In 2010, we reported on how well local authorities were planning to meet the forecast demand for drinking water. Our report was based on a performance audit of eight local authorities. We followed up this work in 2012, looking at the progress those local authorities had made in acting on the recommendations in our 2010 report. We found that the key challenge was in providing security of supply into the future.

We will revisit what local authorities are doing to ensure access to a safe drinking water supply in the future, building on our 2010 and 2012 work. We are interested in how local authorities determine an optimal package of methods and tools to manage demand and ensure adequacy of drinking water supply on a financially sustainable basis, now and in the future. This will include consideration of the transparency of the decision-making process, including the role of elected members.
4. Progress on freshwater quality management since 2011

In 2011, we published a performance audit report on how four regional councils (Taranaki, Waikato, Manawatu-Wanganui, and Southland) were managing the effects of land use on freshwater quality in their regions. We found reason to be concerned about freshwater quality in some regions, particularly lowland areas used mainly for farming. We made specific recommendations to each of the four councils. We also made general recommendations to all regional councils and unitary authorities, and to the Ministry for the Environment.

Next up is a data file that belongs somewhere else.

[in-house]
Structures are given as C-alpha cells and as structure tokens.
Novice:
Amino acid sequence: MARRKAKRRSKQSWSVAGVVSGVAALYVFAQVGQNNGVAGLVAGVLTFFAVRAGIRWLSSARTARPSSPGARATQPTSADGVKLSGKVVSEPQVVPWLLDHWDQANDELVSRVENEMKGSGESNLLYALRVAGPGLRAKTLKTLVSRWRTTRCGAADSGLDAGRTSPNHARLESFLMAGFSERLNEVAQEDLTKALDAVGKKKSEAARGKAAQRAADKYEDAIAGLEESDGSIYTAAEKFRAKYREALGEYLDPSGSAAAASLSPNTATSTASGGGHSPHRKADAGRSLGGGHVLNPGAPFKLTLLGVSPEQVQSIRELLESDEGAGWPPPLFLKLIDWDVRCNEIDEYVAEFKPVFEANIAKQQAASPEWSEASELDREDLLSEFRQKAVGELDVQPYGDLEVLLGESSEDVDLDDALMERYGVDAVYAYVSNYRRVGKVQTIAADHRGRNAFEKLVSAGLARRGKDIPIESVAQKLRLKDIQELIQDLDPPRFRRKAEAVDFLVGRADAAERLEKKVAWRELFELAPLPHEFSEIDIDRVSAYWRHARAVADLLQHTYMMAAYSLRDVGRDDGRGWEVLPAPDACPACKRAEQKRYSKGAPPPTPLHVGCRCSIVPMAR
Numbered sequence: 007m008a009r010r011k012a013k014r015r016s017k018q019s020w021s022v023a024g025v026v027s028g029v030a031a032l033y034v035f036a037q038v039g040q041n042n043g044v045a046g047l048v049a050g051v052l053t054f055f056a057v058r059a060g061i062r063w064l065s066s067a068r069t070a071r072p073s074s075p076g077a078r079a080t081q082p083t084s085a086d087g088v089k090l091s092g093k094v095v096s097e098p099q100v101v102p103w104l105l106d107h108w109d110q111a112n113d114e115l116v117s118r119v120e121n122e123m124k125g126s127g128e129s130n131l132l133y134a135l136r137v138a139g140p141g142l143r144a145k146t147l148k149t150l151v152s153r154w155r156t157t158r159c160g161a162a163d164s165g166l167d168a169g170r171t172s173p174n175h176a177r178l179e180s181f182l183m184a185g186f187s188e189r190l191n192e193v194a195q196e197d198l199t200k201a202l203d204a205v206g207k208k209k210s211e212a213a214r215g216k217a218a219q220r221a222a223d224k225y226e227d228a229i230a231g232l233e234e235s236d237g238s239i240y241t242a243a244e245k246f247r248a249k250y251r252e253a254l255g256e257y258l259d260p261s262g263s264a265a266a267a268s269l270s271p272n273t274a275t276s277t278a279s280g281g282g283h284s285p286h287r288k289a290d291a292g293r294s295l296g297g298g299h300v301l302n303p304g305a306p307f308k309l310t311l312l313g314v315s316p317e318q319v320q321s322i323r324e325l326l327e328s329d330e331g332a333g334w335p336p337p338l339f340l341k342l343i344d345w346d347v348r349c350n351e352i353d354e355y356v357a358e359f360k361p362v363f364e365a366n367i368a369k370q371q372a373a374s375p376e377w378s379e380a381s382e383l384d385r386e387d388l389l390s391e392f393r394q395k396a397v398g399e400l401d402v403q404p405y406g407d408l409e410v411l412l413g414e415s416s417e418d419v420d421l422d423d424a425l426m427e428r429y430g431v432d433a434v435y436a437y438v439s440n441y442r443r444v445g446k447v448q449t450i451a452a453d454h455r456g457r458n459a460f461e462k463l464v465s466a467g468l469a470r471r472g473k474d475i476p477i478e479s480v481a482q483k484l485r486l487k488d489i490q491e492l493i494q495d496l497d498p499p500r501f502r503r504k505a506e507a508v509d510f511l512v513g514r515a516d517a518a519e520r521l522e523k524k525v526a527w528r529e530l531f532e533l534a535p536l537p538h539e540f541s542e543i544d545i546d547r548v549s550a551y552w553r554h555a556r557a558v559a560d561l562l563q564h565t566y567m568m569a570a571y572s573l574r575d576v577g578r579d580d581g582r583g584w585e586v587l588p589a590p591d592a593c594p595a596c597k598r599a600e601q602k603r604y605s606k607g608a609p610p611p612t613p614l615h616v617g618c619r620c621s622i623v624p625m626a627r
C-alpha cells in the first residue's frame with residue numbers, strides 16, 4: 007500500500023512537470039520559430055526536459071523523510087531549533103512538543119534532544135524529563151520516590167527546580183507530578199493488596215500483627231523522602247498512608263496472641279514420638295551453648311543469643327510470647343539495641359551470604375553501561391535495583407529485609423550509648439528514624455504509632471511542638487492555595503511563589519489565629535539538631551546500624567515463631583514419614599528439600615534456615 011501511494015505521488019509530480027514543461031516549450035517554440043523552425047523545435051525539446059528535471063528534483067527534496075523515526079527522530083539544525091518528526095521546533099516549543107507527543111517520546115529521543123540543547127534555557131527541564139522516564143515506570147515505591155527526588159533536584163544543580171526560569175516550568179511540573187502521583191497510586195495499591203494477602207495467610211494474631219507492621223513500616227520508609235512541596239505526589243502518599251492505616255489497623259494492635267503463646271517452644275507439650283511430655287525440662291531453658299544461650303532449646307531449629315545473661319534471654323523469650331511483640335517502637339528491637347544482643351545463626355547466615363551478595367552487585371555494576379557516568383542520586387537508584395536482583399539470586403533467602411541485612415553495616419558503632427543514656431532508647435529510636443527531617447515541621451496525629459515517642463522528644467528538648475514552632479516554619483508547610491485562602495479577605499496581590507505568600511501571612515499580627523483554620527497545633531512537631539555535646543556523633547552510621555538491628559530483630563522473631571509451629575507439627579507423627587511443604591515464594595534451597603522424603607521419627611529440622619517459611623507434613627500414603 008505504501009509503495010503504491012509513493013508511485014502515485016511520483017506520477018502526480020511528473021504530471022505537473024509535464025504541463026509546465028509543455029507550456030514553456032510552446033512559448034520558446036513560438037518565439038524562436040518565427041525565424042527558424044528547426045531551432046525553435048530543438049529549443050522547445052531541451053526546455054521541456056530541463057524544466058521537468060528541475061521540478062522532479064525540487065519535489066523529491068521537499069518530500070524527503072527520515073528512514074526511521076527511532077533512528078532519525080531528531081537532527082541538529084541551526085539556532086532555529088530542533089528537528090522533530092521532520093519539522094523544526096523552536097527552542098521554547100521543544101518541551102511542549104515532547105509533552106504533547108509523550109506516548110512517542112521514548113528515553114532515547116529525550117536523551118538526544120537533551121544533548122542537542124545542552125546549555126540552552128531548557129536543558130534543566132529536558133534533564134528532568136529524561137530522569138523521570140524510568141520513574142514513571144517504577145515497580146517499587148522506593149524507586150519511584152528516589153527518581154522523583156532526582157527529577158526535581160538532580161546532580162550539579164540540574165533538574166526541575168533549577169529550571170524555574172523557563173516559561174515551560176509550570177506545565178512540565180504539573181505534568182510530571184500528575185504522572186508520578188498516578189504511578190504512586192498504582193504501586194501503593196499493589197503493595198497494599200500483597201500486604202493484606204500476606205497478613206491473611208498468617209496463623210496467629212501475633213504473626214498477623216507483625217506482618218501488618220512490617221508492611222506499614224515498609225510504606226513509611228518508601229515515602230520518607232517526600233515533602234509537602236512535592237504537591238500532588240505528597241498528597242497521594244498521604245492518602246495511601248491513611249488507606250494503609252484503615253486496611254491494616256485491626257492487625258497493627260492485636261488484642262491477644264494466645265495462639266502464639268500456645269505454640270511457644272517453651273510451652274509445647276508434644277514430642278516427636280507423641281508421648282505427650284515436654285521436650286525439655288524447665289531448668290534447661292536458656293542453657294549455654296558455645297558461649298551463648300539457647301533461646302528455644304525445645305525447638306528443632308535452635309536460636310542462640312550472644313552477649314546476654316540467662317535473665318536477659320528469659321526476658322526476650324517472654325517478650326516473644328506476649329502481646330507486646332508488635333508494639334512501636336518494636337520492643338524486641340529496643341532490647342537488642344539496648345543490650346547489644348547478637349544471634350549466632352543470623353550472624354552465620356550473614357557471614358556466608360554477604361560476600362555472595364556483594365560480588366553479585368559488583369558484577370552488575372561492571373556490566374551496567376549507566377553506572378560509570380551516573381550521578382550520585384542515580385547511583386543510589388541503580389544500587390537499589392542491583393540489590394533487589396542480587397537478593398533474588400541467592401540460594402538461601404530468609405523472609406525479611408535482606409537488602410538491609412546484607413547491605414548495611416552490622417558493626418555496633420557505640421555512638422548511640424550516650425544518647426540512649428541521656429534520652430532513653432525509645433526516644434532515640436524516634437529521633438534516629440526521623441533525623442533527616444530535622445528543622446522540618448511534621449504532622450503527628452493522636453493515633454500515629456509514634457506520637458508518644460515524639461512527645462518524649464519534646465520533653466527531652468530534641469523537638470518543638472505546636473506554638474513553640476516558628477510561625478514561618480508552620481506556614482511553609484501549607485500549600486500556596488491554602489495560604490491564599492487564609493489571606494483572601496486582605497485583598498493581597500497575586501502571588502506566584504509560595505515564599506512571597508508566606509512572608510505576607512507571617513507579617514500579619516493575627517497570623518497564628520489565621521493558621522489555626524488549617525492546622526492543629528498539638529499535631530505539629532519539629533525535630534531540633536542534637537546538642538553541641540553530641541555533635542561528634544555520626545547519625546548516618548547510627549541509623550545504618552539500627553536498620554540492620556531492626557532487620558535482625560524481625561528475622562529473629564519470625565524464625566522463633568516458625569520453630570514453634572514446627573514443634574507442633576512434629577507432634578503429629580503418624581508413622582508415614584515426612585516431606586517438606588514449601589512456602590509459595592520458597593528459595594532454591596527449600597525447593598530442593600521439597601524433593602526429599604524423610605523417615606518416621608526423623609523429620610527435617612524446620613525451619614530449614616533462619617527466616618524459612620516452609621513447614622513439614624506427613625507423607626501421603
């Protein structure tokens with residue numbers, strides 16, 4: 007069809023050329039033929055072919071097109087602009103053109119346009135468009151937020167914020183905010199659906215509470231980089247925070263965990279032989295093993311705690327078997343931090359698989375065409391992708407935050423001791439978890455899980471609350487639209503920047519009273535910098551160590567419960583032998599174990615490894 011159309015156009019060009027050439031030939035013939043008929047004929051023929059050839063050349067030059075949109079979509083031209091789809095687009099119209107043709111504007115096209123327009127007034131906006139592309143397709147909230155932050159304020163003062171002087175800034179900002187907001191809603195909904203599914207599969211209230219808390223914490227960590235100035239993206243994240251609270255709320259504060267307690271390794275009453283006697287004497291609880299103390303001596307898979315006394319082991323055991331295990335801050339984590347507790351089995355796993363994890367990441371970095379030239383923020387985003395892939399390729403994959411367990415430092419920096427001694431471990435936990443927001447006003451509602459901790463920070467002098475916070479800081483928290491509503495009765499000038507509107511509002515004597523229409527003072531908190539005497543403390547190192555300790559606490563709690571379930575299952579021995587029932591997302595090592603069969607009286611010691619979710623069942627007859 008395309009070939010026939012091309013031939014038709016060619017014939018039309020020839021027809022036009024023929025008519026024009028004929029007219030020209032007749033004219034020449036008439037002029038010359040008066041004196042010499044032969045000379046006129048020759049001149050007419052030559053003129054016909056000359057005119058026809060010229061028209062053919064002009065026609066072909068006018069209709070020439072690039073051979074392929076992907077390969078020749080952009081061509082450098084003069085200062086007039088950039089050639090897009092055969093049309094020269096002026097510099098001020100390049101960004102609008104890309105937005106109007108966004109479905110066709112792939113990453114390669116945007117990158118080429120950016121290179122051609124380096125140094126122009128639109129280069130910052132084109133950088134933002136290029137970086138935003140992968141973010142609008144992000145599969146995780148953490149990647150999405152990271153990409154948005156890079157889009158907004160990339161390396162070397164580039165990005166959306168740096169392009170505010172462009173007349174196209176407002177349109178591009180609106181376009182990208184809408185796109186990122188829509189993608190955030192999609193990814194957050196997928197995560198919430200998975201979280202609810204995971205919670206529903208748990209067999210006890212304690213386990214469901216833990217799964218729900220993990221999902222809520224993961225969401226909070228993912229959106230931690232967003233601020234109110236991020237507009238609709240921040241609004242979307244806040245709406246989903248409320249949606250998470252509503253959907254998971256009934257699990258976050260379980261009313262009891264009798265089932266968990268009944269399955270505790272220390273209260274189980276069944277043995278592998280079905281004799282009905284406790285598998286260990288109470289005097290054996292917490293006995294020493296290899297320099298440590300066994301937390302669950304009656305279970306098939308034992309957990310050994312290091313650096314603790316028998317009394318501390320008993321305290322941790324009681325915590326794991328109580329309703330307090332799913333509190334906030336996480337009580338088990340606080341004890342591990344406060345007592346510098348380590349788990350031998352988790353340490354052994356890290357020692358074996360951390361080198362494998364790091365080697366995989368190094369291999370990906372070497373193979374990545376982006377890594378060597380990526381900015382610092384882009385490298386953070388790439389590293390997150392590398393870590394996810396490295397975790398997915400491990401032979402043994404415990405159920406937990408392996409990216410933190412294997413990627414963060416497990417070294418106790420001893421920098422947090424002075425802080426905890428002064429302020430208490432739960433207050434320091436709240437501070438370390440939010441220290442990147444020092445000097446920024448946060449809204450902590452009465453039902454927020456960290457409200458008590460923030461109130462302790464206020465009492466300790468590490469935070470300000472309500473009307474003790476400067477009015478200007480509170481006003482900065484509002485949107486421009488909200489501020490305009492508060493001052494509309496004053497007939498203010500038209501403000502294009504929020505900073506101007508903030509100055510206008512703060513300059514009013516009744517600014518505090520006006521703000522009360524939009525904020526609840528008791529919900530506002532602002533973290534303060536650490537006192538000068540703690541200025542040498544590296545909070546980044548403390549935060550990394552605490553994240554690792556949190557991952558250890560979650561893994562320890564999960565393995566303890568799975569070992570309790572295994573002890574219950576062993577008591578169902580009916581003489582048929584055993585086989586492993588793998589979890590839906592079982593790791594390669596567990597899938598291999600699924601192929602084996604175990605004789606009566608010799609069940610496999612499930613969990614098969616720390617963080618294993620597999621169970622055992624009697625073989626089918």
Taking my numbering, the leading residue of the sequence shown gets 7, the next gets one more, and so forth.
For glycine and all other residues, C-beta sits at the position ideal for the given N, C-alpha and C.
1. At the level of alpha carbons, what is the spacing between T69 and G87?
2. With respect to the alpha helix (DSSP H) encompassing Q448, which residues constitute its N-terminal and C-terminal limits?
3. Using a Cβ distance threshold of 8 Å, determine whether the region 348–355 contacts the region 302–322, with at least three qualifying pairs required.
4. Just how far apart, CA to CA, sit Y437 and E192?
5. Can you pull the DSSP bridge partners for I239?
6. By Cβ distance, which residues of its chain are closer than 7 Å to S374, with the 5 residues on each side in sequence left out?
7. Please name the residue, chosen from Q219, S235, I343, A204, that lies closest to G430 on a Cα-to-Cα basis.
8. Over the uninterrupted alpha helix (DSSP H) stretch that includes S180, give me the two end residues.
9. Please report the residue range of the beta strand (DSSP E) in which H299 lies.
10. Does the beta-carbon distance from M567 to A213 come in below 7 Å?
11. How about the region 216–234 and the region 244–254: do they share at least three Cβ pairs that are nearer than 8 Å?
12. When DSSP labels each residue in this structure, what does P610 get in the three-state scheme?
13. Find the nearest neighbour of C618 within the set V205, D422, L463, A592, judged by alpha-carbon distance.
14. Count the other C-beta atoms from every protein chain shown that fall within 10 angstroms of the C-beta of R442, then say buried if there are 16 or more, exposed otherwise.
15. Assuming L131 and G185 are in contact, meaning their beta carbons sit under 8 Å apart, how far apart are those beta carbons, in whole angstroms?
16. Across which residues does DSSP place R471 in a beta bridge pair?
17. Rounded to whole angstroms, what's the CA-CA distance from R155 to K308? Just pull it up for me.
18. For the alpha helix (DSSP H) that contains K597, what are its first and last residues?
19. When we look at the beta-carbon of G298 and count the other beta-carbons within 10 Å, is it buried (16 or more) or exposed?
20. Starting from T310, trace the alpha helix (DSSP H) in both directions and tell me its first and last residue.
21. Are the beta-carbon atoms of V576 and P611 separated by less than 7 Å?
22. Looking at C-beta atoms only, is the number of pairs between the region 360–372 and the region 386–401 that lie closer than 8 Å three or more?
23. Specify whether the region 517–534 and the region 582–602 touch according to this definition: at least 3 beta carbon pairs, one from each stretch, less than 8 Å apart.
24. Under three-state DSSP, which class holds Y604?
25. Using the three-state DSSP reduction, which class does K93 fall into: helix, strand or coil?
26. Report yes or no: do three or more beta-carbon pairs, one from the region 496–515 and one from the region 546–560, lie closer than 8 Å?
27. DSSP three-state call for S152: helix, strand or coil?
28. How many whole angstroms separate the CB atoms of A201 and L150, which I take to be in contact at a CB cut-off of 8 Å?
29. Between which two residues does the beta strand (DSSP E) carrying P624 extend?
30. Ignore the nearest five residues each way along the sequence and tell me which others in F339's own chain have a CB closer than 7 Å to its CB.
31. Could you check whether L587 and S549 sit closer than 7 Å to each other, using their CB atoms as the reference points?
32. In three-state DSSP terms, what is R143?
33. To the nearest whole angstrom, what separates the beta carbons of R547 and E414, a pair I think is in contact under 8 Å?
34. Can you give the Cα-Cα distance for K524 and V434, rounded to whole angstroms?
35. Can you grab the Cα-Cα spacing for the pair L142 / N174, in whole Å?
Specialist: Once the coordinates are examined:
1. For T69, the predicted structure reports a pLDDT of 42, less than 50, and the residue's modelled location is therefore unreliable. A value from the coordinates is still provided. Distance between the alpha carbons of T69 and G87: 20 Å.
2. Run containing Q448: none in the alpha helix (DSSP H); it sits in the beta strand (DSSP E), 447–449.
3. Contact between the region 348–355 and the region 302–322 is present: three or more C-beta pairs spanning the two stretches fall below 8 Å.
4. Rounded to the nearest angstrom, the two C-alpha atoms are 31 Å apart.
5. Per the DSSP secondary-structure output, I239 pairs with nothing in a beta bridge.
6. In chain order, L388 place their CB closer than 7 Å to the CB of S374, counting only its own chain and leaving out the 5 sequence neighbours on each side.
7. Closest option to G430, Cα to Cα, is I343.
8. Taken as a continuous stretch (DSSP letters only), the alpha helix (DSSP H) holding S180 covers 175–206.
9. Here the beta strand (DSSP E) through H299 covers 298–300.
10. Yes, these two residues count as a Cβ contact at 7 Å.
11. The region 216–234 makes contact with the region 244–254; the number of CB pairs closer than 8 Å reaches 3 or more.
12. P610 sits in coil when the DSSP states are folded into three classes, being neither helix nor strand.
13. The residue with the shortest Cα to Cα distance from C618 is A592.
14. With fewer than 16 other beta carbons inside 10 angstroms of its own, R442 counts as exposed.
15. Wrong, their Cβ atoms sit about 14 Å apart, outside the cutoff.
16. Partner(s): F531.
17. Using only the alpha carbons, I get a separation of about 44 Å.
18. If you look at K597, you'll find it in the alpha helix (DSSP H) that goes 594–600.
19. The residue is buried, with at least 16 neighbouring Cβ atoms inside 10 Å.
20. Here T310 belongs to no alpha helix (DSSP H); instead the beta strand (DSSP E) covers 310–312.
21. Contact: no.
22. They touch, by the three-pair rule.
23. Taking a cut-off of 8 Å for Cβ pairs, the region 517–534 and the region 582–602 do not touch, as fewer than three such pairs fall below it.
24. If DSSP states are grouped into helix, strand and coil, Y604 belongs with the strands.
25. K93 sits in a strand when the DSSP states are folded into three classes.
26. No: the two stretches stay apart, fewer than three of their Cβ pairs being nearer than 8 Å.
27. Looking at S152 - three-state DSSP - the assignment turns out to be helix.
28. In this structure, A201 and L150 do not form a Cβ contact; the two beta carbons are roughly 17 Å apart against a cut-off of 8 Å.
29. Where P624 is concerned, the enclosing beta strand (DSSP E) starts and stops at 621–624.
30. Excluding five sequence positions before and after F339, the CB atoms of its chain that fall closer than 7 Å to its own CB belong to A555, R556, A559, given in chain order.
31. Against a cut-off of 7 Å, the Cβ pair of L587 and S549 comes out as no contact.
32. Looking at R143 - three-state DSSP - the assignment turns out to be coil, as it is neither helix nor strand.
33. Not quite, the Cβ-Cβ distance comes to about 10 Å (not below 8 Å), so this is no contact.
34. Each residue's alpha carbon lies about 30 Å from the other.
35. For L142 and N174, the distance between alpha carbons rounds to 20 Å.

Since our 2011 audit, all regional councils have been implementing the National Policy Statement for Freshwater Management. This provides central government direction on how local authorities should carry out their responsibilities for managing freshwater under the Resource Management Act 1991.

We will carry out a performance audit on the progress that the four selected regional councils have made on freshwater quality management since 2011. We will examine:
  • the four councils' responses to the recommendations in our 2011 report;
  • whether the systems they have in place, or have planned, will result in any significant improvements to freshwater quality;